Michael Lannan has such a deft hand, both characters were fresh and original and portrayals of Latinos I had not seen very much of. The original story was set in Brooklyn, hence the title, a reference to the L train metro stop. The character in Lorimer is Puerto Rican. When Michael adapted the script to San Francisco, the character became Mexican. Lorimer was the story of one night in the lives of these two guys. Looking is about the beginning of a new relationship and really tracks, over the course of eight episodes, the evolution of the beginnings of this relationship. Basically, I had more time to develop and shape the character. Also, Andrew Haigh, who wrote and directed the beautiful English film Weekend, was our Executive Producer for Looking and director on many episodes and his approach and vision had large part to do with the world of the show.

In Looking, Richie is Latino but not in the Hollywood stereotype kind of way. How much input did you have on the development of your character for the TV show?

I think that’s a testament to our writers. As an actor, I had complete freedom and input on many different levels throughout the shoot. I felt so supported and encouraged to explore. But the character was already there when I walked into it. It’s a beautifully rendered portrait. I know guys like Richie, I just hadn’t seen them on TV.

Any funny or memorable stories from the set?

To the guy who was really pissed off when he came in to get his hair cut the day we were shooting at Willy’s Barber shop in the Mission and quickly realized they were closed for the day for our shoot and let us know he wasn’t too happy about it, I hope he lets it slide and becomes a fan of the show.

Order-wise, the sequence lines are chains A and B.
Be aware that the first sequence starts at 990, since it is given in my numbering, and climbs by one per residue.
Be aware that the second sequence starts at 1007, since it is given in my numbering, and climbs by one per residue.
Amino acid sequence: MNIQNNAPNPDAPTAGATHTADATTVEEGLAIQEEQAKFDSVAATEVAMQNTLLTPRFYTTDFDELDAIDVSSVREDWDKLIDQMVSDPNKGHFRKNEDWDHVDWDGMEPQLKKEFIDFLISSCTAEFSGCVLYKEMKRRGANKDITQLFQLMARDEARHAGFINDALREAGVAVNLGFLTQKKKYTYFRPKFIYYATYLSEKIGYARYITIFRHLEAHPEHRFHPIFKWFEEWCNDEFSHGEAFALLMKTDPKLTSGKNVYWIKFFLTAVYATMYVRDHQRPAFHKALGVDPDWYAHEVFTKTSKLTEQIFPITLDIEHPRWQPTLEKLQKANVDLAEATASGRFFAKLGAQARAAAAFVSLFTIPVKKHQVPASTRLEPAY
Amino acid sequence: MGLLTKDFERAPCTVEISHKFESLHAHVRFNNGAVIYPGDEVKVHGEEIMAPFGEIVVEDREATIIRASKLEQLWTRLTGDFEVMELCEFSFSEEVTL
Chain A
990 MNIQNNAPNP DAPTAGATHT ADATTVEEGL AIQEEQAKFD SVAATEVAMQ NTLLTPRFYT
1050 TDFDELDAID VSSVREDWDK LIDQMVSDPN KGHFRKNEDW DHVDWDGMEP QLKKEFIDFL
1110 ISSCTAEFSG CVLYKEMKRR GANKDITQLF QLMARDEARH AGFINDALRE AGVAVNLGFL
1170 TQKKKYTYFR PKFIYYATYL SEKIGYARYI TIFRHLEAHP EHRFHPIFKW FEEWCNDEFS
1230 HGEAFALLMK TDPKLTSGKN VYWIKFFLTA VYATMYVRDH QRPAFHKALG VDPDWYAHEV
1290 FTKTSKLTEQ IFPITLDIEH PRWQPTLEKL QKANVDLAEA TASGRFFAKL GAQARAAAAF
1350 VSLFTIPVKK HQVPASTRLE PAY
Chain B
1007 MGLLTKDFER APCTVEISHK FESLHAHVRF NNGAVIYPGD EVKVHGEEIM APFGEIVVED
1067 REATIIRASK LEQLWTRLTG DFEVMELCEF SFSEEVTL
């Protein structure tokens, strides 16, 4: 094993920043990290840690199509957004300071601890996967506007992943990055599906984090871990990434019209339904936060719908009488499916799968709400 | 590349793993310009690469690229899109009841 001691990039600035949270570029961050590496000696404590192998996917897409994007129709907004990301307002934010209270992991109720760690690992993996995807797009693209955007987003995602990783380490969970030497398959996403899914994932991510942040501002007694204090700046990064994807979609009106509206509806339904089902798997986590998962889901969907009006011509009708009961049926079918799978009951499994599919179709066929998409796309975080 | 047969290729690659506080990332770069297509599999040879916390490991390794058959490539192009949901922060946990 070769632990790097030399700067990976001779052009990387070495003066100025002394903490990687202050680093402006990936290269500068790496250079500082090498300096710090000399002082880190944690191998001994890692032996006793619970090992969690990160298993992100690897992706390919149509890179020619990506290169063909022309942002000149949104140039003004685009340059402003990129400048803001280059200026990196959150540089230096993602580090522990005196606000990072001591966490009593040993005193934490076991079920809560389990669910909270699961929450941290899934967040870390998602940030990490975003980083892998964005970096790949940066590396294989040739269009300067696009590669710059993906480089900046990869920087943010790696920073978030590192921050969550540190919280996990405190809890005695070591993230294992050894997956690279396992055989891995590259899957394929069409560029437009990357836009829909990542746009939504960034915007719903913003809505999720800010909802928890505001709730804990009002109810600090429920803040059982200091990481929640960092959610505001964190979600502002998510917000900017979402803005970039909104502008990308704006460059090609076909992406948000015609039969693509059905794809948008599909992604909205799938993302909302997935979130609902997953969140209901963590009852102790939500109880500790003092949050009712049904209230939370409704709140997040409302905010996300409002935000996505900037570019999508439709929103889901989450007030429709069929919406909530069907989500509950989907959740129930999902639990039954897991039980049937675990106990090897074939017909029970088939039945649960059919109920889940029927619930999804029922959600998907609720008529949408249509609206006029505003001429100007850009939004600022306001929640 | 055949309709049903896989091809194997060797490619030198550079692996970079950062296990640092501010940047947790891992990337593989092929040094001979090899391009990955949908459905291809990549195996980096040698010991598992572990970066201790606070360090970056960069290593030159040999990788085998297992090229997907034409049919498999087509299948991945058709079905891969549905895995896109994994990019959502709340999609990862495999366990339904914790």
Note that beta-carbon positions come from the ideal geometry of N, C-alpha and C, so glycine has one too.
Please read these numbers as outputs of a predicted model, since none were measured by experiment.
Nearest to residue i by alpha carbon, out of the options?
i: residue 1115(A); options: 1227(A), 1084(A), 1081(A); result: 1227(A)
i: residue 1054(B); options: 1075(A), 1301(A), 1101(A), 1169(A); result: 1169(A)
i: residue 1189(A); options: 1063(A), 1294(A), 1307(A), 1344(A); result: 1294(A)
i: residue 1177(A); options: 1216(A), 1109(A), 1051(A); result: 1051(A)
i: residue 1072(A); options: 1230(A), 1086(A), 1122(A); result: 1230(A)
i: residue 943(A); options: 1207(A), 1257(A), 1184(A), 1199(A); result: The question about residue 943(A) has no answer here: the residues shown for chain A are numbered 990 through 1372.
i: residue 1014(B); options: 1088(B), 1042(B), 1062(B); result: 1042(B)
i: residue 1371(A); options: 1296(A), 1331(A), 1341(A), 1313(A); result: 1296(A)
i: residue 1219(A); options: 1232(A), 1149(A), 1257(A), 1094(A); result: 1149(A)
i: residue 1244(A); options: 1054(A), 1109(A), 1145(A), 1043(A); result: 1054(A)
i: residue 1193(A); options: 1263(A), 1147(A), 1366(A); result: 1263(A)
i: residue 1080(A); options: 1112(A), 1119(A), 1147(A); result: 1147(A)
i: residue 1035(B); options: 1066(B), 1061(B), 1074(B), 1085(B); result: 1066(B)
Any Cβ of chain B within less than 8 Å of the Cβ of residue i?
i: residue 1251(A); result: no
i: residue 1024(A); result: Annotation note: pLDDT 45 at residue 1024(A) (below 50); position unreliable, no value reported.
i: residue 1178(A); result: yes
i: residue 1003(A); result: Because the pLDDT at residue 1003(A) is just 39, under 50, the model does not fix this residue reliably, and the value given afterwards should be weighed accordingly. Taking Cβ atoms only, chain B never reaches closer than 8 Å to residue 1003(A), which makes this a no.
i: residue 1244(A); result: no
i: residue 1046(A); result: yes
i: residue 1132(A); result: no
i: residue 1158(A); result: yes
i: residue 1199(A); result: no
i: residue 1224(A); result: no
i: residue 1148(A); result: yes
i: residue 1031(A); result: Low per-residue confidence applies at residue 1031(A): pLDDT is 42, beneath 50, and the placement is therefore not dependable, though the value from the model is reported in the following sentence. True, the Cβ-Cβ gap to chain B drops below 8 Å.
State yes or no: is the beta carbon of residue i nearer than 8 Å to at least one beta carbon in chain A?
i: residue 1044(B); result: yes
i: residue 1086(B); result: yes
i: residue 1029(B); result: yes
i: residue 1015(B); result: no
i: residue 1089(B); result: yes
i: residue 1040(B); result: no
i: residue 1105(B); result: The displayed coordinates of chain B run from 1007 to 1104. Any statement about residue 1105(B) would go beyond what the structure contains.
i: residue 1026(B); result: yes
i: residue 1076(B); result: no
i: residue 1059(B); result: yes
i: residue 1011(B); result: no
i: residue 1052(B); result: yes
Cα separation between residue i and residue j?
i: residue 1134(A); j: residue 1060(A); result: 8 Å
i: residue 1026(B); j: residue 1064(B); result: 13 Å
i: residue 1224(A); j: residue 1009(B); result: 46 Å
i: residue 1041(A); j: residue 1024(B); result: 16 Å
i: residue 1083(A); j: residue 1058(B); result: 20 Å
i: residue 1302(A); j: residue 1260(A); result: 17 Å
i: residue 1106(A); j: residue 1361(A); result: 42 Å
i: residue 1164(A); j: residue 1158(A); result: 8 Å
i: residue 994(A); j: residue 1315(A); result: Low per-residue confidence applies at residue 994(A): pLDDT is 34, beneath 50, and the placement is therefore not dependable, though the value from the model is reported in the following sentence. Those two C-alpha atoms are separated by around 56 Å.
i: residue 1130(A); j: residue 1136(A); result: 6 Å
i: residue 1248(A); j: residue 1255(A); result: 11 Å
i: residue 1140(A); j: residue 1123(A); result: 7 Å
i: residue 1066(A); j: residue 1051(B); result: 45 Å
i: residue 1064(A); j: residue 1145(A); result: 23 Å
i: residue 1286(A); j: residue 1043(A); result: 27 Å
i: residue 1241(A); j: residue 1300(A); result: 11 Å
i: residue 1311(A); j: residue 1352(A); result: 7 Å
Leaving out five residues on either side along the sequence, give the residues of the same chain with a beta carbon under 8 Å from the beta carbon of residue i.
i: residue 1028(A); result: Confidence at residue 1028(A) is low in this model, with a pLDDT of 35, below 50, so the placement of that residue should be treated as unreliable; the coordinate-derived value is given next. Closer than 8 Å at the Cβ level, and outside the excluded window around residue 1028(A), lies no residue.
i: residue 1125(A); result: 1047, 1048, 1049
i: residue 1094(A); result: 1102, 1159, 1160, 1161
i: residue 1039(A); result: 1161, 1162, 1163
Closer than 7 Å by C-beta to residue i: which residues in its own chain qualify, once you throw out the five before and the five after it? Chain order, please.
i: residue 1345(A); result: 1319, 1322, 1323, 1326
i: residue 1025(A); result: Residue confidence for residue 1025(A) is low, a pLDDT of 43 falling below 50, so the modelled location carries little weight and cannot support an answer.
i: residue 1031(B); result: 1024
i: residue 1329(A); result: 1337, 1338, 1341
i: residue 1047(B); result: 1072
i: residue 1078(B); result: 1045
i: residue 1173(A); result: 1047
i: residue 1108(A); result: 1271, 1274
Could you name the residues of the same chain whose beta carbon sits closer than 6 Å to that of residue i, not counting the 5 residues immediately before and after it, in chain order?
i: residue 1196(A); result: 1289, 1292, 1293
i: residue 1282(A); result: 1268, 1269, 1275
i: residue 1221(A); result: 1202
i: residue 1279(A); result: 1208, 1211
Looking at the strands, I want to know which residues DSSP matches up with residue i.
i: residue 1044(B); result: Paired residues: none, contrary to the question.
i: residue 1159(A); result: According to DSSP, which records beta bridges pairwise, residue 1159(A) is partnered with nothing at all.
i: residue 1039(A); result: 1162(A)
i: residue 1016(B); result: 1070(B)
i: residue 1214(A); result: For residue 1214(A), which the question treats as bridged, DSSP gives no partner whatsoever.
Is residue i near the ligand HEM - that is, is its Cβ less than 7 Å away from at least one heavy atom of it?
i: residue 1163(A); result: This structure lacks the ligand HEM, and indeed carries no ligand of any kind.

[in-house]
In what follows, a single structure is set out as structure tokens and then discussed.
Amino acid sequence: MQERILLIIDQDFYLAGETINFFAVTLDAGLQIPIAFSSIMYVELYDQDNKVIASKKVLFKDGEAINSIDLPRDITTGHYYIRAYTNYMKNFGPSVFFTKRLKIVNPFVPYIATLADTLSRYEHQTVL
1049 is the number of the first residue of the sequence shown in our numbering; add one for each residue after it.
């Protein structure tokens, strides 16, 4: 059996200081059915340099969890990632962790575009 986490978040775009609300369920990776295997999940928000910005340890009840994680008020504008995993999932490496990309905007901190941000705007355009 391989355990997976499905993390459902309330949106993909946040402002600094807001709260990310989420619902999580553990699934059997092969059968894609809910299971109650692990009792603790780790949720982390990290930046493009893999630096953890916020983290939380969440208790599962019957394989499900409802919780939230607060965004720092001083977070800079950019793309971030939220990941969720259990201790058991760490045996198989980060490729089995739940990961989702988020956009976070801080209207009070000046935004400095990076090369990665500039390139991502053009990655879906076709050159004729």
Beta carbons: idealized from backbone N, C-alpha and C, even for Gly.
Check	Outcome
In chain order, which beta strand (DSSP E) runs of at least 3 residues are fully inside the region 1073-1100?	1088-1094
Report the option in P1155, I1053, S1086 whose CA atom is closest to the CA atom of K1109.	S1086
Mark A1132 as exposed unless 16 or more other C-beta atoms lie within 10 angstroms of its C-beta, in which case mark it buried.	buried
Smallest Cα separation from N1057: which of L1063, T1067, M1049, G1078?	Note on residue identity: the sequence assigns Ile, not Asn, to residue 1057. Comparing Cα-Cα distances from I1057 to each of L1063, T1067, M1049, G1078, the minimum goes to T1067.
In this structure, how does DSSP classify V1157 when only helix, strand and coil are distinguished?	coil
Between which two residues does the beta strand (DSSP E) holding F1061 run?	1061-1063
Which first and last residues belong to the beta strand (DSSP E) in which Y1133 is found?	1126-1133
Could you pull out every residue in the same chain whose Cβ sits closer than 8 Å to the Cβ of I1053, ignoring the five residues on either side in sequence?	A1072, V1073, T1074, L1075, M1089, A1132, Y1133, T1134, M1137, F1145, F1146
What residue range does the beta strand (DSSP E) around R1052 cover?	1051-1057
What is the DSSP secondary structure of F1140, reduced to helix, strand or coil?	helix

I am going to assume you fell in love with San Francisco while shooting there (I’m from the Bay Area). What is your favorite part of the city?

How can you not fall in love with San Francisco? I’ve lived in New York for over ten years now and consider myself a New Yorker by this point and I love living in this city. But the pulse of San Francisco, and the Bay at large, has great allure. Plus, it doesn’t hurt that there is so much good food there. I don’t know if I could name one favorite place – there were so many that I loved – but my friend Octavio Solis, the playwright, took me up to Twin Peaks. There were breathtaking views of the entire city. Also, I love the farmers market at the Embarcadero on Saturdays. Oh, and the murals in the Mission are so great.

Did you do any “research” and head out to bars in the Castro before the shoot (or to watch drag shows at Esta Noche)?

The cast and crew were always hanging out on our downtime. Most of the hotspots that are featured in the show, we hit up at some point when we weren’t shooting.

When the trailer was first released by HBO, there was some pushback from people who thought the show lacked diversity. What was your reaction to that specific criticism?

I quickly learned not to pay too much attention to that stuff. People are going to have the reactions they have, preconceived notions included, no matter what. The work speaks for itself. Richie is one of the most richly-drawn characters I have had the pleasure of portraying on screen, hands down. I’m happy that people are out there who are paying attention and concerned for that type of thing – I agree wholeheartedly there needs to be more diversity on TV – but I think Looking holds it down for people of color.

What’s next for you?

I’m a playwright, in addition to being an actor. At the moment, I’m working on a couple of scripts: one that I’ve been developing with my theater company in NYC, LAByrinth, and another that that’s a collaboration between the La Jolla Playhouse and the Museum of Man in San Diego. Aside from that, working on developing a couple of feature film projects that I’m interested in acting in. I like to stay busy, I’m happiest when I’m working.